NEWS

01 Mar 2017

Challenging Costs limits in Aarhus Convention claims

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The CPR rules on ‘Aarhus Convention Claims’ have just changed.  William Upton explains how the neat simplicity of the provisions have been replaced by rules that will allow for satellite litigation about costs.  Access to environmental justice has just become more uncertain.

ClientEarth, Friends of the Earth and RSPB are in the news as they have already challenged the legality of these changes, especially the provision that allows the Court to vary the cost cap or to remove it altogether. For now, we have to apply and use them. The changes are one of a number made by the Civil Procedure (Amendment) Rules 2017 (S.I. 2017 No. 95), and came into force on 28th February 2017. They are the final form of the proposed amendments that were the subject of consultation back in November 2016.

The main changes are:

  • The complete substitution of Section VII of Part 45 (ie. replacing CPR 45.41 to 45.45 in their entirety);
  • The introduction of a rule to allow for the Court of Appeal to limit the recoverable costs of an appeal in an Aarhus Convention claim, by introducing a new 19A (but which contains little detail);
  • The need for any Claimant who wants to say they are an ‘Aarhus Convention Claim’ to submit a sworn statement about their financial resources at the same time (the requirement is to file and serve with the claim form “a schedule of the claimant’s financial resources which takes into account any financial support which any person has provided or is likely to provide to the claimant and which is verified by a statement of truth). This would have to include any details about Crowd Funding;
  • In claims with multiple claimants or multiple defendants, the amounts are to apply in relation to each such claimant or defendant individually (confirming what recent High Court cases have held);
  • There may also be some debate about who is or is not a ‘member of the public’ for these purposes, as the only definition given in the new rules is to refer the reader to the Aarhus Convention itself: as “references to a member or members of the public are to be construed in accordance with the Aarhus Convention” (CPR 45.41(1)(b)).
  • The costs cap figures remain the same, although they are now set out in the rule rather than just the practice direction. The amount that can be recovered from a individual claimant of £5,000 or from other claimants of £10,000, and from Defendants of £35,000 remain the same (in CPR 45.43(2) and (3)); but …
  • The new rule 45.44 provides that the court may vary the amounts in rule 45.43, or may remove altogether the limits on the maximum costs liability of any party, in an Aarhus Convention claim.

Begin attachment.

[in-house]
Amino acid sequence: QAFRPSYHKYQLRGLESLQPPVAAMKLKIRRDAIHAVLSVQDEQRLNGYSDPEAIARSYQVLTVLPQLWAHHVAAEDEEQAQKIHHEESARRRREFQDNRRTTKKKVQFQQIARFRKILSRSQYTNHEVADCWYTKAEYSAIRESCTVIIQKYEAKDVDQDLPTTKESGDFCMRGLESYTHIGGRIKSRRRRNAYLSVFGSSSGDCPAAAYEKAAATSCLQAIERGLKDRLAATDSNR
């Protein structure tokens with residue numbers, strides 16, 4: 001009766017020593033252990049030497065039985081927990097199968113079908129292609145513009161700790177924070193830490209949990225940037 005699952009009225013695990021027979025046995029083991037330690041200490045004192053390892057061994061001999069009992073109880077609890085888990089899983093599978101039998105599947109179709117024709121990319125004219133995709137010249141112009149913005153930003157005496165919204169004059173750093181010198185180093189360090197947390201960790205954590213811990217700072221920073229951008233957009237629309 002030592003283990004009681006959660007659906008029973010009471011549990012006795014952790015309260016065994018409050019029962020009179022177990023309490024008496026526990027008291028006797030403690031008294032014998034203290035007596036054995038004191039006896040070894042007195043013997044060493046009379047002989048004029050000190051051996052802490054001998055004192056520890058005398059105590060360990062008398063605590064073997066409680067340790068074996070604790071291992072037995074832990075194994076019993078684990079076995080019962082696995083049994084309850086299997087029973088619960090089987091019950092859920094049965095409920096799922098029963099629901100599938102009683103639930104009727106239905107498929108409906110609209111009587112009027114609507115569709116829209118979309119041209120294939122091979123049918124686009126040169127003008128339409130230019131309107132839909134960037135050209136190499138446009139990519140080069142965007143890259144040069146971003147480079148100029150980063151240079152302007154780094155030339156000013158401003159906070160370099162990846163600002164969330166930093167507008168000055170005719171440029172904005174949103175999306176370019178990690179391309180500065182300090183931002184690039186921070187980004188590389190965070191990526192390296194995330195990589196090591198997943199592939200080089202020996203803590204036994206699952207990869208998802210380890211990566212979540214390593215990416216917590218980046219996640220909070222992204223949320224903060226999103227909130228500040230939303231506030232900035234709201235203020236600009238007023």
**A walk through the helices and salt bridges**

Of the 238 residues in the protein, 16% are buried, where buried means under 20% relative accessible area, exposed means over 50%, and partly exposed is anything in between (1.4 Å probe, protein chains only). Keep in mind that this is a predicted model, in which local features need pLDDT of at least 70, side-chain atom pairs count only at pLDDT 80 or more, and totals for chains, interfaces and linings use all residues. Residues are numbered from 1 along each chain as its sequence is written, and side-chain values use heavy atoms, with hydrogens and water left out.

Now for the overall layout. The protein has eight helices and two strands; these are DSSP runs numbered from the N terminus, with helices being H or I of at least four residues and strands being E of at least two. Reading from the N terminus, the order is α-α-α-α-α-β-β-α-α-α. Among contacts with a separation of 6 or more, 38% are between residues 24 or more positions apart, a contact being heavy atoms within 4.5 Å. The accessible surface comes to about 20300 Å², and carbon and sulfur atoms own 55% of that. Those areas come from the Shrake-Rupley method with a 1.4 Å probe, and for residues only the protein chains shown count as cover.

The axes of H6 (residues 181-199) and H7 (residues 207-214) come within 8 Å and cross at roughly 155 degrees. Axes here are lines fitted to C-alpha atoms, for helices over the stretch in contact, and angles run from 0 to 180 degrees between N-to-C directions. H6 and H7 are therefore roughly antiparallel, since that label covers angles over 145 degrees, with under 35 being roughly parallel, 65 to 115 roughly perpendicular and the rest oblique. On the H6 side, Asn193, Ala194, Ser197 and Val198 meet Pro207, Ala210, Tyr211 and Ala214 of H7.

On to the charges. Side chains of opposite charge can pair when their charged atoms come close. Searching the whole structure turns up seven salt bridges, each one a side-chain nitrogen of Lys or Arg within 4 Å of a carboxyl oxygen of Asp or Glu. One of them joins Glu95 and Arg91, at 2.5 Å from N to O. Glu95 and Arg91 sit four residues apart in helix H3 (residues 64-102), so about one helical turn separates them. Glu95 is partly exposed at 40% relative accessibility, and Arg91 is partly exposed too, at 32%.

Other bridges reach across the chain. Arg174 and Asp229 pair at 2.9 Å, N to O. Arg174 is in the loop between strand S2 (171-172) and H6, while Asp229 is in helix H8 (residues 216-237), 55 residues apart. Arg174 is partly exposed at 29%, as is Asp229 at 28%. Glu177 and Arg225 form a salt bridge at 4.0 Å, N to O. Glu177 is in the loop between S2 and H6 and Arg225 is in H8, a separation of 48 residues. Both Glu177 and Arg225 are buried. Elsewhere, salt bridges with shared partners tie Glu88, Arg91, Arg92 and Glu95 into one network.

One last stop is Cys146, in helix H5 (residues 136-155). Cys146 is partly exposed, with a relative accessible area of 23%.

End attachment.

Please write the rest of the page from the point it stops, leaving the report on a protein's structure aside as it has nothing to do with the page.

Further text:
You can see why the main complaint made by ClientEarth and others is about the last point. The Court now has the power to vary or remove the cap (under 45.44(2)) if it is satisfied that—

(a) to do so would not make the costs of the proceedings prohibitively expensive for the claimant; and

(b)  in the case of a variation which would reduce a claimant’s maximum costs liability or increase that of a defendant, without the variation the costs of the proceedings would be prohibitively expensive for the claimant.

 

Whilst point (b) will help the Claimant to argue for different limits, the main use of this new rule is likely to be by Defendants to argue under CPR 45.44(2)(a) that the normal costs rules should be applied and that they will not be prohibitively expensive for the Claimant. When asked to consider using this power, the court will look at the following points:

(3) Proceedings are to be considered prohibitively expensive for the purpose of this rule if their likely costs (including any court fees which are payable by the claimant) either—

(a) exceed the financial resources of the claimant; or

(b) are objectively unreasonable having regard to—

(i) the situation of the parties;

(ii) whether the claimant has a reasonable prospect of success;

(iii) the importance of what is at stake for the claimant;

(iv) the importance of what is at stake for the environment;

(v) the complexity of the relevant law and procedure; and

(vi) whether the claim is frivolous.

 

We can only hope that the High Court gives some better guidance about how these costs rules are to be applied soon.


Notes:

  • the full title of the Aarhus Convention is the UNECE Convention on Access to Information Public Participation in Decision-Making and Access to Justice in Environmental Matters done at Aarhus, Denmark on 25 June 1998. As an UN document, it is not directly affected by Brexit.  The European Directives that implement its provisions in EU law would be.
  • These rules cover judicial review claims and statutory challenges “within the scope of” Article 9(1), 9(2) and 9(3) of the Aarhus Convention – covering information requests, public participation rights and national laws relating to the environment. They also cover s.289 cases (challenges to appeal decision on planning enforcement notices), but there is no extension of the rules to s.288 claims (despite what was said by the court in Venn v Secretary of State for Communities and Local Government [2014] EWCA Civ 1539).  Nor has there been any extension of the rules to private nuisance.